A new study suggests that a common type of irregular heartbeat, known as atrial fibrillation, may be significantly more dangerous in women than it is in men. This results add to a growing body of research suggesting there is a greater divide between male and female heart health than previously believed.

Published online in the British Medical Journal, the current study examined 30 other studies conducted between January 1966 and March 2016 in order to identify whether atrial fibrillation was a stronger risk factor for cardiovascular disease and death in women than in men. In total, the data was based on a 4,371,714 individuals and consisted only of studies that contained at least 50 participants with atrial fibrillation and 50 without.

According to the National Heart, Lung, and Blood Institute, atrial fibrillation is the most common type of arrhythmia, or irregular heartbeat. It occurs when disorganized electrical signals cause the heart’s two upper chambers to beat very fast and irregularly. It's also the leading cause of heart disease and stroke worldwide. People with atrial fibrillation may not feel any symptoms, but when left untreated, the condition can lead to a stroke.

Results of the analysis revealed that atrial fibrillation was indeed a stronger risk factor for cardiovascular disease and death in women than in men. The researchers aren’t quite sure why this discrepancy exists, but the sheer volume of the gender gap suggest it is likely not just a coincidence.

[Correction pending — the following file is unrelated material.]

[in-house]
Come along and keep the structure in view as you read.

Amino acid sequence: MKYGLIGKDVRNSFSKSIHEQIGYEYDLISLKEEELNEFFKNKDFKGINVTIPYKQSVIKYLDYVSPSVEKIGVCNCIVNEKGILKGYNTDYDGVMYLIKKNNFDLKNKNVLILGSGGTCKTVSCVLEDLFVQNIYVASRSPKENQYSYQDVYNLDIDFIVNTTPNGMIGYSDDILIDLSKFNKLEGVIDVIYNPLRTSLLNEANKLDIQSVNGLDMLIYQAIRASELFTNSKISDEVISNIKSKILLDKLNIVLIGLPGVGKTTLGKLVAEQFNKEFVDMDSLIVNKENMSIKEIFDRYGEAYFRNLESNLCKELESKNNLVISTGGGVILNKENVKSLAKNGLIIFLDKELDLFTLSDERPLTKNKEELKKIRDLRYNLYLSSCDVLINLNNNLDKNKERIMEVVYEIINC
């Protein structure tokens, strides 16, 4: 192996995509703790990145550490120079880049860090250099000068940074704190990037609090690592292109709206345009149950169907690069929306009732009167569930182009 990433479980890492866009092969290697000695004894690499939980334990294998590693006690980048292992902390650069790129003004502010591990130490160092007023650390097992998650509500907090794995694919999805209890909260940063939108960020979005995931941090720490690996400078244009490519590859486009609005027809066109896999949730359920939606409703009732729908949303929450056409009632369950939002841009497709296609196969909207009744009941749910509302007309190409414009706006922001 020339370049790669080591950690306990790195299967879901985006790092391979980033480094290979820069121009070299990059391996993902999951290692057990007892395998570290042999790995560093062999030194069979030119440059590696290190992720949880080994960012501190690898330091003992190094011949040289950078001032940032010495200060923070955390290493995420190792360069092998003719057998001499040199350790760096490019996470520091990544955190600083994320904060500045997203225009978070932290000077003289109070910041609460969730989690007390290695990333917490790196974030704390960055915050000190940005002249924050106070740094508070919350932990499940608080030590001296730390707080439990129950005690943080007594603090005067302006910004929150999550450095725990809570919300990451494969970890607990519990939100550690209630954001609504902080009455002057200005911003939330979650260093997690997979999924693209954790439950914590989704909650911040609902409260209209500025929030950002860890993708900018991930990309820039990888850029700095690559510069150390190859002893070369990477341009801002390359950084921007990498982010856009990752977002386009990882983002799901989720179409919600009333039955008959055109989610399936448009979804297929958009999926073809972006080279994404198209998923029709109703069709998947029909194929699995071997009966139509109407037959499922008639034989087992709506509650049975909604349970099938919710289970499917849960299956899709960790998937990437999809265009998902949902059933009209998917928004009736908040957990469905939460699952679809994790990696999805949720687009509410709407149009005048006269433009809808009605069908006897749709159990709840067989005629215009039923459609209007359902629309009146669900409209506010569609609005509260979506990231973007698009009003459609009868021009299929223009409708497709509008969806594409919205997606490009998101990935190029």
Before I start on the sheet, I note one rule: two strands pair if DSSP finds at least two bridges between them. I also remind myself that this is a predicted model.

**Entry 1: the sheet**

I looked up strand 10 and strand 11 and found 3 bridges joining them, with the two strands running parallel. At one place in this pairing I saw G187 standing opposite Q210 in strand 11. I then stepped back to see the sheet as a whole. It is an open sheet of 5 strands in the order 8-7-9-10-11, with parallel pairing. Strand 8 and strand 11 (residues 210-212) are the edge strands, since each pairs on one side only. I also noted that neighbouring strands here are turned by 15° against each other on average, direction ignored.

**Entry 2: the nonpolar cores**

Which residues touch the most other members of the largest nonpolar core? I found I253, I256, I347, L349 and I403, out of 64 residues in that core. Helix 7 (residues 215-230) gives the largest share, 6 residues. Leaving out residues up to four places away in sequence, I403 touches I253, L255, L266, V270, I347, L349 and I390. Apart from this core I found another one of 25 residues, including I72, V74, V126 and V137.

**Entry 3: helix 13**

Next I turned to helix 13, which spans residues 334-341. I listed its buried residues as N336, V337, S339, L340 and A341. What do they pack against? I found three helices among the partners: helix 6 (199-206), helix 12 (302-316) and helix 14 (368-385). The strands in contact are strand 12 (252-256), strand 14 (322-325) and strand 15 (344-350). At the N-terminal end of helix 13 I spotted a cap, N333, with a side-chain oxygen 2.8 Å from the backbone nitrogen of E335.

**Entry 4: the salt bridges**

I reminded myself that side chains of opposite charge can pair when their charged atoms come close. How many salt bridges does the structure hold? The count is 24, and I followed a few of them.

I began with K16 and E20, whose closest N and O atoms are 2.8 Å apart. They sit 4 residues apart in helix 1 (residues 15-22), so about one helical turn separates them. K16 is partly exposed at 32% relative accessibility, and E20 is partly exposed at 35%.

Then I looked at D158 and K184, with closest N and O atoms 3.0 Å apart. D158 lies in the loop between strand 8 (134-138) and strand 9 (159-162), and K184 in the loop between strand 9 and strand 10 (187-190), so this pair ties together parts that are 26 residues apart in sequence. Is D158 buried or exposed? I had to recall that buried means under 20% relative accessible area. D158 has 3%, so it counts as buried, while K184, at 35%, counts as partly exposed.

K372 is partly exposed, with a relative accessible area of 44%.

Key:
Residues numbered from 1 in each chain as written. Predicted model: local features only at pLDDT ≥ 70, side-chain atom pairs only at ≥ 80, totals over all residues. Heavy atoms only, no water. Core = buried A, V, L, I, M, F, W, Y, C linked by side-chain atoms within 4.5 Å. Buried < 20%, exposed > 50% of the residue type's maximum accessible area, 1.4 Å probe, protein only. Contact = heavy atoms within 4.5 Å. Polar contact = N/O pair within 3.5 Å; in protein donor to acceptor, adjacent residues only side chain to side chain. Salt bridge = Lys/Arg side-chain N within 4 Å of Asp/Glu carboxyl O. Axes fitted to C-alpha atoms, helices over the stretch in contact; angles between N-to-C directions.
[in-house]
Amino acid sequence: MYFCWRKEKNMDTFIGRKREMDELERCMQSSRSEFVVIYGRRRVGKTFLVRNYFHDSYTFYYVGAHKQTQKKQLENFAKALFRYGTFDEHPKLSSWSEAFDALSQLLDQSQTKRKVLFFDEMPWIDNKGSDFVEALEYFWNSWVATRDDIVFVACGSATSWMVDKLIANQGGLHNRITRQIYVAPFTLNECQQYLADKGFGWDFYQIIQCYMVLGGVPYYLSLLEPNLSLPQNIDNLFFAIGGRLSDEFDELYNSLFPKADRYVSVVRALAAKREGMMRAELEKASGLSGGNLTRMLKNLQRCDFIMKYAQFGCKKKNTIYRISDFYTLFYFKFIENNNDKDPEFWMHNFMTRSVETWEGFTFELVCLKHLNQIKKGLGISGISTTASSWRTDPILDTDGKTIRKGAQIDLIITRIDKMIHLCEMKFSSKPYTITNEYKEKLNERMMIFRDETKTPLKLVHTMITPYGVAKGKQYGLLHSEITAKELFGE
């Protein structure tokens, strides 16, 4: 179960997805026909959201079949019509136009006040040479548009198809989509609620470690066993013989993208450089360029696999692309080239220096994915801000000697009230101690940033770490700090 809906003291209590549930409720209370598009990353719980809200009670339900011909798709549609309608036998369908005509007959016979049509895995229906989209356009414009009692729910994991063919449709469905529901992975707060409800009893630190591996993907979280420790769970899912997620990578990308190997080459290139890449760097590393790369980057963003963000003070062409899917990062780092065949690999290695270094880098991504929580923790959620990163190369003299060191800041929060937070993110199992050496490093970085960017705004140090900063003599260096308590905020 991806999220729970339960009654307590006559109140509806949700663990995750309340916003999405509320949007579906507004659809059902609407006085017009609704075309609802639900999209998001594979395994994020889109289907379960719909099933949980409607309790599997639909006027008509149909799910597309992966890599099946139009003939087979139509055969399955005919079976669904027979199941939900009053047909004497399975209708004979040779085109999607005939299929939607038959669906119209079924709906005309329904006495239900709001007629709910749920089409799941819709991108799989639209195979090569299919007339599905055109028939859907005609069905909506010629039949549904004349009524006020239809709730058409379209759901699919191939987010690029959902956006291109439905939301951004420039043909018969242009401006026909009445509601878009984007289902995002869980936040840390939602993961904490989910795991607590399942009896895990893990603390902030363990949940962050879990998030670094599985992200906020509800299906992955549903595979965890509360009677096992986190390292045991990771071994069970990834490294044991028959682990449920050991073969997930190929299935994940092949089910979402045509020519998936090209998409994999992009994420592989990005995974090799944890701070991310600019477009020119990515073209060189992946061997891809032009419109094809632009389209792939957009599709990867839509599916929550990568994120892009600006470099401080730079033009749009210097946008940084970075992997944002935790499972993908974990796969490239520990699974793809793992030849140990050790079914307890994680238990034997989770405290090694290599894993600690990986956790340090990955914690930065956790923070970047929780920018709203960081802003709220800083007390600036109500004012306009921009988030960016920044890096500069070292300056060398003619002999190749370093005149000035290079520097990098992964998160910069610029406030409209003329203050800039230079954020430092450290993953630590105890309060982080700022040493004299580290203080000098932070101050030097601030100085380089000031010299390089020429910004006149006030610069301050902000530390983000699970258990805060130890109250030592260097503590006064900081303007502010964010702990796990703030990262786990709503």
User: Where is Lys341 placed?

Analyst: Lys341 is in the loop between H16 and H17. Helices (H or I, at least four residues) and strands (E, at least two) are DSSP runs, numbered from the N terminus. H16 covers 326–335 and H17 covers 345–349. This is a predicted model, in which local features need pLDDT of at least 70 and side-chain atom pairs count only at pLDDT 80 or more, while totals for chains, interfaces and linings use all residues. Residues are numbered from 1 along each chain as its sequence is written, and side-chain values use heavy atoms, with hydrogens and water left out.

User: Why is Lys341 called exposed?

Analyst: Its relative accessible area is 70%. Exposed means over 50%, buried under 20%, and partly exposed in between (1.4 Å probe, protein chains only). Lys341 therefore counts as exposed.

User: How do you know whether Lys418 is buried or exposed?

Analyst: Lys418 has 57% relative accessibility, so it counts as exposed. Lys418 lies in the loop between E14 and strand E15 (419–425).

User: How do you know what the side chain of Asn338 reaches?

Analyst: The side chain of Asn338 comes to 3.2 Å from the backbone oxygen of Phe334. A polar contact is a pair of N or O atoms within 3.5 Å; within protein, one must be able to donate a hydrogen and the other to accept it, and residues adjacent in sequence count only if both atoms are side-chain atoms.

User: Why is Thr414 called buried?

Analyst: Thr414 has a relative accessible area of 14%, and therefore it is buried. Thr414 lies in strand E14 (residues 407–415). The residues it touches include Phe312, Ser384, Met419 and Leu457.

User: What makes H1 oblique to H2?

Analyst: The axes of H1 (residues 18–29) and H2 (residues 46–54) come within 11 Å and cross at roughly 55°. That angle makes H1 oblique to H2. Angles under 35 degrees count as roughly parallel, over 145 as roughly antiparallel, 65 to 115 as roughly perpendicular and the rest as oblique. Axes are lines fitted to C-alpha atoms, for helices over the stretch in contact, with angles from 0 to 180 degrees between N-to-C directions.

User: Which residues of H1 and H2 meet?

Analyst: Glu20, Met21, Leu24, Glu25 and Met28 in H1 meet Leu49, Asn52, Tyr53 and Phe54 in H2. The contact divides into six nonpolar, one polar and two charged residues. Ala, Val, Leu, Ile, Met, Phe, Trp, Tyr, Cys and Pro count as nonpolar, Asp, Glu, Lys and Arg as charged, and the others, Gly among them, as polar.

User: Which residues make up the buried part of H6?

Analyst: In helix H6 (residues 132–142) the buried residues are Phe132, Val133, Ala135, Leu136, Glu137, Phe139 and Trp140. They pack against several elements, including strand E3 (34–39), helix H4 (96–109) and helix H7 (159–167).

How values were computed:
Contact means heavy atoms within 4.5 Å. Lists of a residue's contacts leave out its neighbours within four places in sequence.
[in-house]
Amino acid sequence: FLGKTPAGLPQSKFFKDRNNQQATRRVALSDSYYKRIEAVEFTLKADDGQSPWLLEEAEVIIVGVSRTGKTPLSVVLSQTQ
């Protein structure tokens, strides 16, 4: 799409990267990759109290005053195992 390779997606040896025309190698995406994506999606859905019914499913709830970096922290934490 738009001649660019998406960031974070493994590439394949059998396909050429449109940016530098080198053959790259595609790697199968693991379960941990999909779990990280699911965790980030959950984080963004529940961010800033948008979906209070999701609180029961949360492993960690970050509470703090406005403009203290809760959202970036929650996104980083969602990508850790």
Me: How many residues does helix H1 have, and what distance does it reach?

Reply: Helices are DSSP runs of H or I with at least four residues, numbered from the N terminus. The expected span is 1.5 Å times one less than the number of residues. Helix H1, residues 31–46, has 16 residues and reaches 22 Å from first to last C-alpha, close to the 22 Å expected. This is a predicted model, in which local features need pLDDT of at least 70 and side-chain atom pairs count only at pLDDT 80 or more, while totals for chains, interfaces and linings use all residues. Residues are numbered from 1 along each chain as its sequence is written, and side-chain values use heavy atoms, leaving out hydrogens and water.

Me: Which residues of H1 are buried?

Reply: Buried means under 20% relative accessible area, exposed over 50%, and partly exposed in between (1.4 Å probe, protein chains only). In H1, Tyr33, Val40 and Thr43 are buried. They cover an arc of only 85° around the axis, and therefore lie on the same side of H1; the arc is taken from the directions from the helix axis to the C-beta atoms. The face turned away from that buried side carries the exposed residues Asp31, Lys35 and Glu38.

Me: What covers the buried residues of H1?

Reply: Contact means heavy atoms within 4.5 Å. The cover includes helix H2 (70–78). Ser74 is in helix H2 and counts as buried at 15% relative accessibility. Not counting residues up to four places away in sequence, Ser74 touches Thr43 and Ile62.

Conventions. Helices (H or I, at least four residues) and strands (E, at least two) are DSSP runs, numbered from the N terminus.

“It may be that the associations we report are not causal, and that women with atrial fibrillation are more likely to have comorbidities [co-existing medical conditions] in addition to atrial fibrillation that cause death and cardiovascular disease," review author Connor Emdin, a doctoral student in cardiovascular epidemiology at the University of Oxford's George Institute for Global Health, told HealthDay .

Atrial fibrillation is not the only heart condition found to affect men and women differently. For example, heart disease affects more young women than men. However, according to Johns Hopkins Medicine, a significant challenge for diagnosing heart disease in women is doctors’ inability to recognize symptoms. Women already have their own list of unique risk factors for heart disease in addition to those factors associated with men, too. What's more, heart symptoms are often more subtle in women. For this reason, a 2015 study published in the Journal of The American College of Cardiology found that a woman’s heart disease risk is vastly underestimated by both her and her doctor.

Atrial fibrillation can be treated. In addition to treatments, experts recommend women with the condition improve their health by exercising, eating right, and managing their stress levels to avoid any serious health consequences.

Source: Edmin CA, Wong CX, Hsiao A, et al. Atrial fibrillation as risk factor for cardiovascular disease and death in women compared with men: systematic review and meta-analysis of cohort studies. British Medical Journal. 2015